By: David E. Bloom and Henry Rosovsky
Worth and genius would thus have been sought out from every condition of life, and completely prepared by education for defeating the competition of wealth and birth for public trusts….
(Thomas Jefferson, addressing the benefits to society of a liberal education, in an 1813 letter to John Adams)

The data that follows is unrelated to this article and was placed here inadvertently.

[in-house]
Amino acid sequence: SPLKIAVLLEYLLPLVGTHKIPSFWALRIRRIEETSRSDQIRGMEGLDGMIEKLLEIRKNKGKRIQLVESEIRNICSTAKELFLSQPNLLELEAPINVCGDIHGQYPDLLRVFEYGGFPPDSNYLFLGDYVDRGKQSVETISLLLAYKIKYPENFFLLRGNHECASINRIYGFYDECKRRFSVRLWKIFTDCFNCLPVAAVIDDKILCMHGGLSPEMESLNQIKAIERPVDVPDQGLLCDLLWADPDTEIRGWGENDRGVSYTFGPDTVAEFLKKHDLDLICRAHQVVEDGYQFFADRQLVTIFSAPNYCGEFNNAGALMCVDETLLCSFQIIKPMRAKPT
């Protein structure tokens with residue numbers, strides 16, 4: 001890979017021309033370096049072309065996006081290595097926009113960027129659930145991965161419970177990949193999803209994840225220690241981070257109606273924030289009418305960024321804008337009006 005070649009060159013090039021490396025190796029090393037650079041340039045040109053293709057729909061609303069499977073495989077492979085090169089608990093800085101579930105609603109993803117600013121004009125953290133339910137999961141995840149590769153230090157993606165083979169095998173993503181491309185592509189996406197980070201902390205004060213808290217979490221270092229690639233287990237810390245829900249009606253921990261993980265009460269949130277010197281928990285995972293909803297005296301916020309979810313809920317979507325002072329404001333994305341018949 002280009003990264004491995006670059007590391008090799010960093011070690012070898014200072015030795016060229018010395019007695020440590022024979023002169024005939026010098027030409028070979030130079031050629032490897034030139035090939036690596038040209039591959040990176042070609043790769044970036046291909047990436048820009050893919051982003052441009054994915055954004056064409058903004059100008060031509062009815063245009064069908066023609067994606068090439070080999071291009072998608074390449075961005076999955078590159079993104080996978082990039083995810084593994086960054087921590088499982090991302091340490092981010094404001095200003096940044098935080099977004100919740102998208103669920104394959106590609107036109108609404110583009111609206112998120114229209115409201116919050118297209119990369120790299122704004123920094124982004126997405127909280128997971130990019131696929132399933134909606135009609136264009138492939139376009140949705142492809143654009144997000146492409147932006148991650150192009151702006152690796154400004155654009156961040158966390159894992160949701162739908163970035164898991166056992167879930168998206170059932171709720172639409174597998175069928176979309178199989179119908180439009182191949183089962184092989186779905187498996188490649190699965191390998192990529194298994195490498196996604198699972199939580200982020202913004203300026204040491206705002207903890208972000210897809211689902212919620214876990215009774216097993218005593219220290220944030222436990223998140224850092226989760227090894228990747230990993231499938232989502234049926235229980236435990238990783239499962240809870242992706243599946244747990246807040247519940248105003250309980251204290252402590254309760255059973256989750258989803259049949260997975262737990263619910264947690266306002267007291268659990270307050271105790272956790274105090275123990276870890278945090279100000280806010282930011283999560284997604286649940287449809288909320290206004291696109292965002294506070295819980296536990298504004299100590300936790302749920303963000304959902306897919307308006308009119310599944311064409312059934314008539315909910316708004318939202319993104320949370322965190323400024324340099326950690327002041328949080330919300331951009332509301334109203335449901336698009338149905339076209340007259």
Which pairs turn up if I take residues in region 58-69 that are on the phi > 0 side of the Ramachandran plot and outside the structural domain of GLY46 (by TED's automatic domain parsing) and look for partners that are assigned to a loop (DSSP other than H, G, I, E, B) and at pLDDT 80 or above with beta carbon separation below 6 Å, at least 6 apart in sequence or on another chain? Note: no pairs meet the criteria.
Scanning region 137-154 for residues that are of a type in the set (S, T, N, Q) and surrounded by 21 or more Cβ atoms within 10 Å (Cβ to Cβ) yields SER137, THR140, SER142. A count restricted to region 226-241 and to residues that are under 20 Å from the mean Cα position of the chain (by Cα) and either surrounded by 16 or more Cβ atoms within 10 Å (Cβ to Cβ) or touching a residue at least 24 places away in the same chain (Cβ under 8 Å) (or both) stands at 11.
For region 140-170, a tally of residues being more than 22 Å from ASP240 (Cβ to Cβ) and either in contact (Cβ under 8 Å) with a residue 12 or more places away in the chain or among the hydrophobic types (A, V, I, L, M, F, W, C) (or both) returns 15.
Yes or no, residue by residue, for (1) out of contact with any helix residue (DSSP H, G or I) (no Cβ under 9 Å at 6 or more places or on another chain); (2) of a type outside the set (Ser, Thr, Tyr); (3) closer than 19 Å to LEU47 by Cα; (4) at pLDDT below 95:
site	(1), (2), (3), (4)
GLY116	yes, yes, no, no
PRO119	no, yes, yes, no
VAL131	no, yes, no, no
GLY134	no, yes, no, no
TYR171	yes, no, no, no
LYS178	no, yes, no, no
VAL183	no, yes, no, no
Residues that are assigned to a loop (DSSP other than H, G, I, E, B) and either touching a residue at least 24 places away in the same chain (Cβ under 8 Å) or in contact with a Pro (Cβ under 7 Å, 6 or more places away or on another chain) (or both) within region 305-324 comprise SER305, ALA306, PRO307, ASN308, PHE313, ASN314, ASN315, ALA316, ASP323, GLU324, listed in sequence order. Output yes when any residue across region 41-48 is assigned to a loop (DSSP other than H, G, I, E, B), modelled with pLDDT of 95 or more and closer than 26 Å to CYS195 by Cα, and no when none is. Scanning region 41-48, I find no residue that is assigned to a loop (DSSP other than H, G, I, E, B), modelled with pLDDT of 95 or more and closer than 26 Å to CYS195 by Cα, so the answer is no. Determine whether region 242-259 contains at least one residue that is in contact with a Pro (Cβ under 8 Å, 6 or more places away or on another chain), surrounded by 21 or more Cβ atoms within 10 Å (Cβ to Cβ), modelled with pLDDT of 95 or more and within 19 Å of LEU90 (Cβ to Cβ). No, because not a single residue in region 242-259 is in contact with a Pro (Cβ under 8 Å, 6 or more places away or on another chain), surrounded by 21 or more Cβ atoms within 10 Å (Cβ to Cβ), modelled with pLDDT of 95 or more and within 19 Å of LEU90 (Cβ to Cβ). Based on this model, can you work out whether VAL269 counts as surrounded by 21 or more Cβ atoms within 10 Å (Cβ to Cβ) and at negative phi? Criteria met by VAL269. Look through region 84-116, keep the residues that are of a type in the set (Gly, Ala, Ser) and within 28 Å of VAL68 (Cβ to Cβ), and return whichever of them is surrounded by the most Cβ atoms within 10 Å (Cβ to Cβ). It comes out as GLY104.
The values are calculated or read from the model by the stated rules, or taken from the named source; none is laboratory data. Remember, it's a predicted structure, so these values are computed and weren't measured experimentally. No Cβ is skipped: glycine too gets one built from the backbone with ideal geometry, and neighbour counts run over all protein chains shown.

Western civilization is home to a long tradition of liberal education, defined as an emphasis on the whole development of an individual apart from (narrower) occupational training. The beginnings of this philosophy can perhaps be traced back as far as ancient Greece and more clearly to the trivium (grammar, rhetoric, and logic) and quadrivium (arithmetic, geometry, astronomy, and music) of medieval times. That tradition has continued, and today liberal education is an important segment of higher education in all developed countries. Its role in nurturing leaders and informed citizens is recognized in both the public and private sectors. Global statistics are difficult to obtain, but our impression is that interest in liberal education is growing in many parts of the West. Continue reading “Why Developing Countries Should Not Neglect Liberal Education”